South Dakota Rural Water holds its annual technical conference from Tuesday to Thursday, Jan. 8-10, at the Ramkota in Pierre.
South Dakota Rural Water field program supervisor George Vansco said as the name suggests, the conference offers technical training and information for water boards, managers and operations staff who are delivering water to about two of every three people in South Dakota.
“There are 30 major rural water systems in South Dakota,” Vansco said. “We know that two-thirds of South Dakotans are served by rural water — that may be a low number. Every minute rural water systems produce 15,000 gallons of water.”
There are 265 towns and villages served by rural water in South Dakota, Vansco said, delivering water through more than 40,000 miles of pipeline — enough to encircle the earth one and one-half times.
This week’s conference covers a wide range of topics, from compliance monitoring, and future and current water rights to testing for new Environmental Protection Agency regulations. Representatives from specific rural water systems will also talk about their latest innovations, including, for example, the West River/Lyman Jones sytem’s meter reading project that relies on satellite technology — a first for South Dakota. Updates on legislative issues and exhibitors displays are also part of the convention.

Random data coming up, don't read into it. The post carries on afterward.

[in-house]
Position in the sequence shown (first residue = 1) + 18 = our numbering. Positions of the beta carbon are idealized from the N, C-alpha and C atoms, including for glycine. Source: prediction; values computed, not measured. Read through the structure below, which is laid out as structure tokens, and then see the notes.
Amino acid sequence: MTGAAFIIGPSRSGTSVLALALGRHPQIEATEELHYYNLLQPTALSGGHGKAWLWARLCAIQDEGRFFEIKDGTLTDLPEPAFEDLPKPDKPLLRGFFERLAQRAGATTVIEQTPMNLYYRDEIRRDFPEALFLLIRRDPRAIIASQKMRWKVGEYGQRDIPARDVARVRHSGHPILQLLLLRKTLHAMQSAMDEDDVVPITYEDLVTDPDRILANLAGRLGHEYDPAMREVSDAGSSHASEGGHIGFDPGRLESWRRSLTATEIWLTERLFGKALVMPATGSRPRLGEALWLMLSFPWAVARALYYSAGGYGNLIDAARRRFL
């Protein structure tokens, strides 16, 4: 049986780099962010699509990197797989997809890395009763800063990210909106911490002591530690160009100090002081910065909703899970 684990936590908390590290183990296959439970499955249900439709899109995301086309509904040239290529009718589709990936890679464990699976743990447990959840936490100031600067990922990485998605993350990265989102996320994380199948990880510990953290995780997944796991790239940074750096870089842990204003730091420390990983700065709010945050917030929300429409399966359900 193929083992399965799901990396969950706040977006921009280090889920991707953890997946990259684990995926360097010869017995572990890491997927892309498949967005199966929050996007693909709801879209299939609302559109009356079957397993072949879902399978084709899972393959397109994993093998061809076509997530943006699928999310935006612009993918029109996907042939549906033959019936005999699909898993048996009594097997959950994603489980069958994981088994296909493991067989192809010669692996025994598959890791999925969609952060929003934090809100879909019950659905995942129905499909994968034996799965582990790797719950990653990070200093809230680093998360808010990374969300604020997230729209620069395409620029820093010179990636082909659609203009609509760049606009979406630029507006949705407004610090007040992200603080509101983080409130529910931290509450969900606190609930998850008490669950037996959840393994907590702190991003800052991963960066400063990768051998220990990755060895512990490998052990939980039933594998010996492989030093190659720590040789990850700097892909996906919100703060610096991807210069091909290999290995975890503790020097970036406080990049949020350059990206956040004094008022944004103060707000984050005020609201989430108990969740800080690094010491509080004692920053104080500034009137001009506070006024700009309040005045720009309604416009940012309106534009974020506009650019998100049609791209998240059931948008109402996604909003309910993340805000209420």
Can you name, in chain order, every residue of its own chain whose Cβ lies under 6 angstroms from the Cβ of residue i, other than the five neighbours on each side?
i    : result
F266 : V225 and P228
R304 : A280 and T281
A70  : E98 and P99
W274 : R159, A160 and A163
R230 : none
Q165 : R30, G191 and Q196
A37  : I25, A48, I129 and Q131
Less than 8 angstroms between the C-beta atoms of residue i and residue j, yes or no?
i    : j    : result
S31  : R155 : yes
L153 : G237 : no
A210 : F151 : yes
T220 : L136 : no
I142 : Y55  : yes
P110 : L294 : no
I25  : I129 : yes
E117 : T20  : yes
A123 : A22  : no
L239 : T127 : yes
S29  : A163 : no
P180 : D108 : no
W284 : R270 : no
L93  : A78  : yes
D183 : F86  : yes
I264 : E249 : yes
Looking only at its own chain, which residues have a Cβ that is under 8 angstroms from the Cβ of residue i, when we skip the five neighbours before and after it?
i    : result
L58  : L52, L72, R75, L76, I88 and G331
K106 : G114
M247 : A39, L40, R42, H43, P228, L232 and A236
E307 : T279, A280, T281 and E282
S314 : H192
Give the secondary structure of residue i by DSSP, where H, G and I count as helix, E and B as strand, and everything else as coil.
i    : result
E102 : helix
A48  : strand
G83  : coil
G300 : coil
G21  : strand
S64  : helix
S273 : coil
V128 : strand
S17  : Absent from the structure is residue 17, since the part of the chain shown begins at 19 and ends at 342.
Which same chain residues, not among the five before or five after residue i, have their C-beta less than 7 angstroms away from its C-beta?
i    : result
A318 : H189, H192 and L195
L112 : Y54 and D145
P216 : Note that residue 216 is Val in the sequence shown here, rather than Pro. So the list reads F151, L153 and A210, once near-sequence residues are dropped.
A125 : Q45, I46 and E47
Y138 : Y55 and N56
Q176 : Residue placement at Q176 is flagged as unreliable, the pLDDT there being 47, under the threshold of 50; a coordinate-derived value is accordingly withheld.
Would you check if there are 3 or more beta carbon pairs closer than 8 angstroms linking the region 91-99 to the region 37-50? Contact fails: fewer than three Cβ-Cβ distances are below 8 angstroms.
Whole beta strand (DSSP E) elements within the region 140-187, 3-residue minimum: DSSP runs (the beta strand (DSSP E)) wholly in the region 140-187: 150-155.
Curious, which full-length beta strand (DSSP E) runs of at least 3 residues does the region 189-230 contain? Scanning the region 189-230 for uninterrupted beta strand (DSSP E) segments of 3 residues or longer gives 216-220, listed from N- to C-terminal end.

Gov. Dennis Daugaard is the keynote speaker at Thursday’s awards luncheon.
This year’s convention also inclues the 38th annual membership meeting of the South Dakota Association of Rural Water Systems.
South Dakota’s first rural water systems — in Lincoln County, Butte/Meade and Rapid Valley — were built in the late 1960s, Vansco said. Two of the state’s 30 major rural water systems — the Southern Black Hills project and the Mni Wiconi project, which will ultimately reach all the way to the Rosebud, Lower Brule and Pine Ridge reservations — are still in development. Another project is just in the organizational stage in Bear Butte valley, Vansco said.
Vansco said rural water is a vital tool in economic development because it makes farms, ranches, dairies and other rural businesses possible.